Photographs From Home
My father gave me my first camera when I was seven years old. It was a Kodak Brownie, and I delighted in roaming my childhood domain documenting curiosities found close to home. No one in my family ever throws anything away, so we still have those 3”x3” glossy black and white images: our shaggy black dog pinned in place for a sitting, my brother proudly clutching his bow and arrows, the excavated back yard in the newly minted development called Levittown, Pennsylvania.
Nothing much has changed in a way. Though I have traveled all over the world and photographed in places as remote as Iceland, Sri Lanka, and the Aeolian Islands, I am still fascinated by the poetry, drama, and redolence of the local landscape and the realm of family and friends.
In 2002, I began photographing my mother who came to live with us when dementia required that she never be left alone. In a reversal of roles, I took care of her, and we were constant companions. She went with me everywhere: lectures and concerts at Dartmouth College where I teach, dinners with neighbors, swimming at the local pond. As her health failed she spent more time sleeping, but she still enjoyed forays into the outdoors, basking in the warm sunshine and the fragrance of the garden.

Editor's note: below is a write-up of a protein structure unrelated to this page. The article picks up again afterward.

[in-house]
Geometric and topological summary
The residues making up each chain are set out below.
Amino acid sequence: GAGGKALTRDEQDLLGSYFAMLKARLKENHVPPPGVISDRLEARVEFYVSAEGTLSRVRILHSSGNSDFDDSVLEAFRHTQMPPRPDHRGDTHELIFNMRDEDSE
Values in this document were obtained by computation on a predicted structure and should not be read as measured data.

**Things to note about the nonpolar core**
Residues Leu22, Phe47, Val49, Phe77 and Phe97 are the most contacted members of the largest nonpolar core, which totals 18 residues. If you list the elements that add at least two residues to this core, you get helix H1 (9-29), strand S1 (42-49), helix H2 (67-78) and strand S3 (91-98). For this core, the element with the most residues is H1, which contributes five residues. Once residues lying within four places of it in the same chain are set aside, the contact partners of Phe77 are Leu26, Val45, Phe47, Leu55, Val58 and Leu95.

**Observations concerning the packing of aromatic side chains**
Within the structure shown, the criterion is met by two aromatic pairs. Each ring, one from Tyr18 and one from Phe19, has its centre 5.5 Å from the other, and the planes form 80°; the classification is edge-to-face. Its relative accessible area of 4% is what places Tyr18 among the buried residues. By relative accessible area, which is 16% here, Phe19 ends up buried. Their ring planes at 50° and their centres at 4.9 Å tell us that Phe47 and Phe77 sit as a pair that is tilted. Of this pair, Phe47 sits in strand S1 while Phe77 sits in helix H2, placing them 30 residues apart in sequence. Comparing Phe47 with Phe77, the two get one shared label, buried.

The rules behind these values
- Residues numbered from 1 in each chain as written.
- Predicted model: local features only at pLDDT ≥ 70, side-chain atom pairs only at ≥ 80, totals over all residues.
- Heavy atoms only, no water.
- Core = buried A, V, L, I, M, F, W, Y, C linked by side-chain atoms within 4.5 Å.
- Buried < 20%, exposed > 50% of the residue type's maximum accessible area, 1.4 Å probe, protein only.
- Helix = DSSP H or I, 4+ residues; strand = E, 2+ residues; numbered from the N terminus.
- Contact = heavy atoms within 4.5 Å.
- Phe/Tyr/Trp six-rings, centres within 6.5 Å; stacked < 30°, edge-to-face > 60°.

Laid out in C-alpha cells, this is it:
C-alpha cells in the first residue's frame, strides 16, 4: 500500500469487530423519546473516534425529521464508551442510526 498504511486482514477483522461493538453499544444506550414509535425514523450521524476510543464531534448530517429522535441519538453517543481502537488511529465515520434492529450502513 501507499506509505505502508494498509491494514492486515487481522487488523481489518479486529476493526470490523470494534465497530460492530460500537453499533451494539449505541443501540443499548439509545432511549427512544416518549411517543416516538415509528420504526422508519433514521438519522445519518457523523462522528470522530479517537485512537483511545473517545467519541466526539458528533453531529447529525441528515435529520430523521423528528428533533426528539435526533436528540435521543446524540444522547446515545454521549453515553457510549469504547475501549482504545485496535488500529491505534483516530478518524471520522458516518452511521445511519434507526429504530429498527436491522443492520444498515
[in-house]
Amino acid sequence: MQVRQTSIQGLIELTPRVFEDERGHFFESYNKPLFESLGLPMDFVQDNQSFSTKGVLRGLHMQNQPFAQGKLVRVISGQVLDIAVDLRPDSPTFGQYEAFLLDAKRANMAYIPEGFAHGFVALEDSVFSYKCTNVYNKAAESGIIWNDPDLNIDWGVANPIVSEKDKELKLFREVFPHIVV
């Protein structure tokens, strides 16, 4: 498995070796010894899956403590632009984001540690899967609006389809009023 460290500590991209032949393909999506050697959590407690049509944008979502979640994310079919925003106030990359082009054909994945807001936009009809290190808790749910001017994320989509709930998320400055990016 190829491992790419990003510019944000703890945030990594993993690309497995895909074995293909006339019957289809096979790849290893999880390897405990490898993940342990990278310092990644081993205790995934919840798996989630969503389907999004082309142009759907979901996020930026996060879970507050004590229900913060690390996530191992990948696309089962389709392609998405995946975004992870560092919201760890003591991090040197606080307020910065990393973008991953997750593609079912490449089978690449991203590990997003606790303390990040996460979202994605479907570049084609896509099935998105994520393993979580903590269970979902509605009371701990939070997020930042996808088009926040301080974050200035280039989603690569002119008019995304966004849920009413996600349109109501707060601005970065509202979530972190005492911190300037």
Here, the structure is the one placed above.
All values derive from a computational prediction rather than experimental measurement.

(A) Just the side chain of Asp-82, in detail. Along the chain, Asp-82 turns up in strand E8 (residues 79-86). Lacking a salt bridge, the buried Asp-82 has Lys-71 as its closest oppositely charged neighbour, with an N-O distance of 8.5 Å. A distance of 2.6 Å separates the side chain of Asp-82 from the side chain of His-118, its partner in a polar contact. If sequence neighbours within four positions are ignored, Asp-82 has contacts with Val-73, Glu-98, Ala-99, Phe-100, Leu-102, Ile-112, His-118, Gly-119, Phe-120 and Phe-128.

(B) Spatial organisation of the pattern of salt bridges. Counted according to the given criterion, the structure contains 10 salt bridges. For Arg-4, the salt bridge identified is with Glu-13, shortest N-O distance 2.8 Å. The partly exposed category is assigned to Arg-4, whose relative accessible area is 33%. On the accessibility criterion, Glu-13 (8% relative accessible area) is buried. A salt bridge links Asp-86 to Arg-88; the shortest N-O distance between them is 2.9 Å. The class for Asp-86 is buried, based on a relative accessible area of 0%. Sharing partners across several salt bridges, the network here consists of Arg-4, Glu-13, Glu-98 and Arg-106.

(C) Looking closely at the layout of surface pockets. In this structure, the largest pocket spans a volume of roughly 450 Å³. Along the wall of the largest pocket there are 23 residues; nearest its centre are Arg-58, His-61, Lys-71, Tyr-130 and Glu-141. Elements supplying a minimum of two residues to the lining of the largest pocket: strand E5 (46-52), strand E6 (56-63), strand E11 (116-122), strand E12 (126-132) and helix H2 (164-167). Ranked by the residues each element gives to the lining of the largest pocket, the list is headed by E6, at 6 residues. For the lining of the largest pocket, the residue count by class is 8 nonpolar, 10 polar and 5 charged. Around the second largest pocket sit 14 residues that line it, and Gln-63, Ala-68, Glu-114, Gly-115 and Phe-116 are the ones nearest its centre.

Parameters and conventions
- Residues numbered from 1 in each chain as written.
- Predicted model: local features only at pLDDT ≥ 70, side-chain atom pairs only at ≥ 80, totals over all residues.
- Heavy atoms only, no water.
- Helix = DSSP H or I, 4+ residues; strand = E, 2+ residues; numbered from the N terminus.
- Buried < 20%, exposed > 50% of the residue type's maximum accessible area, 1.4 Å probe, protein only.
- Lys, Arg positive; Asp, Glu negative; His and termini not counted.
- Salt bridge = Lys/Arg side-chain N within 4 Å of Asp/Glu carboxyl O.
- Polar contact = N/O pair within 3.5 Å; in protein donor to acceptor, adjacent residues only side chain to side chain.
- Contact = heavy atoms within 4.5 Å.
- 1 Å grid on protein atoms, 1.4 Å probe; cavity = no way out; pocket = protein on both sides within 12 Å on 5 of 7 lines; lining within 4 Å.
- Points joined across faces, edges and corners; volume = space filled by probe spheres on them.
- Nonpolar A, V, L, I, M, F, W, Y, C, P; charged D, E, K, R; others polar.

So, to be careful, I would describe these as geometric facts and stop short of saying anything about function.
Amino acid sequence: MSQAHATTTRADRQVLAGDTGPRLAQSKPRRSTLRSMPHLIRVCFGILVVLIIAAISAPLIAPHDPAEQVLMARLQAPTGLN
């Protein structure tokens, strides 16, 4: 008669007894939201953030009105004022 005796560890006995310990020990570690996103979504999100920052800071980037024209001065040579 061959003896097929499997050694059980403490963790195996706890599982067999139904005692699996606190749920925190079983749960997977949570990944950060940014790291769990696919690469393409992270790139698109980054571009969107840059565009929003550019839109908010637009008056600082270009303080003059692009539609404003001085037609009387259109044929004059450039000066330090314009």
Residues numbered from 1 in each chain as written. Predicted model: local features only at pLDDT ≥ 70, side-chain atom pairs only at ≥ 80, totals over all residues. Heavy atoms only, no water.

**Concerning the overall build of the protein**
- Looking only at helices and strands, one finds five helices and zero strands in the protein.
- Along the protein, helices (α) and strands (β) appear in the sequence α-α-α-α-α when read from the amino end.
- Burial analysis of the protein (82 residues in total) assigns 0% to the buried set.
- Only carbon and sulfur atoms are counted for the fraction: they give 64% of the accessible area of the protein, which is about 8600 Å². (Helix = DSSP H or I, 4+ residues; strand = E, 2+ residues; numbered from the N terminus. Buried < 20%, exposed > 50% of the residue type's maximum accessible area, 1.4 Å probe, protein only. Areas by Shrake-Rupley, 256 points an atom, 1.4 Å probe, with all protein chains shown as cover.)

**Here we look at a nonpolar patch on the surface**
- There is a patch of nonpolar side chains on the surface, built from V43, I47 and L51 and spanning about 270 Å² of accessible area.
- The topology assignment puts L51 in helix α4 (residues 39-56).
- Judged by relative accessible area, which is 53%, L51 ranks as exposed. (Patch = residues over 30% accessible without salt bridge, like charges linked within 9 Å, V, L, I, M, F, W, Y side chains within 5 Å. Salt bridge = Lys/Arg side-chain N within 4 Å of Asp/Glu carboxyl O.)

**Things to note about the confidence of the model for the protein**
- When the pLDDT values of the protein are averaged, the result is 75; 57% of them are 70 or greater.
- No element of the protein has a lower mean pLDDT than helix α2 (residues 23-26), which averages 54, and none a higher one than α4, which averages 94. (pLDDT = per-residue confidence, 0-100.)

I also photographed other family members and friends, and particularly my daughter, an only child now finding her way into the adult world. The two most important women in my life presented themselves to the camera, and I bore witness to the visible passing of time.
Five years later, my mother died at home when she was almost 94 years old. Although this was an emotional and difficult time, I have photographs that celebrate the beauty and fragility of these intimate moments with the people we love and in the places we call home.
Lyme, New Hampshire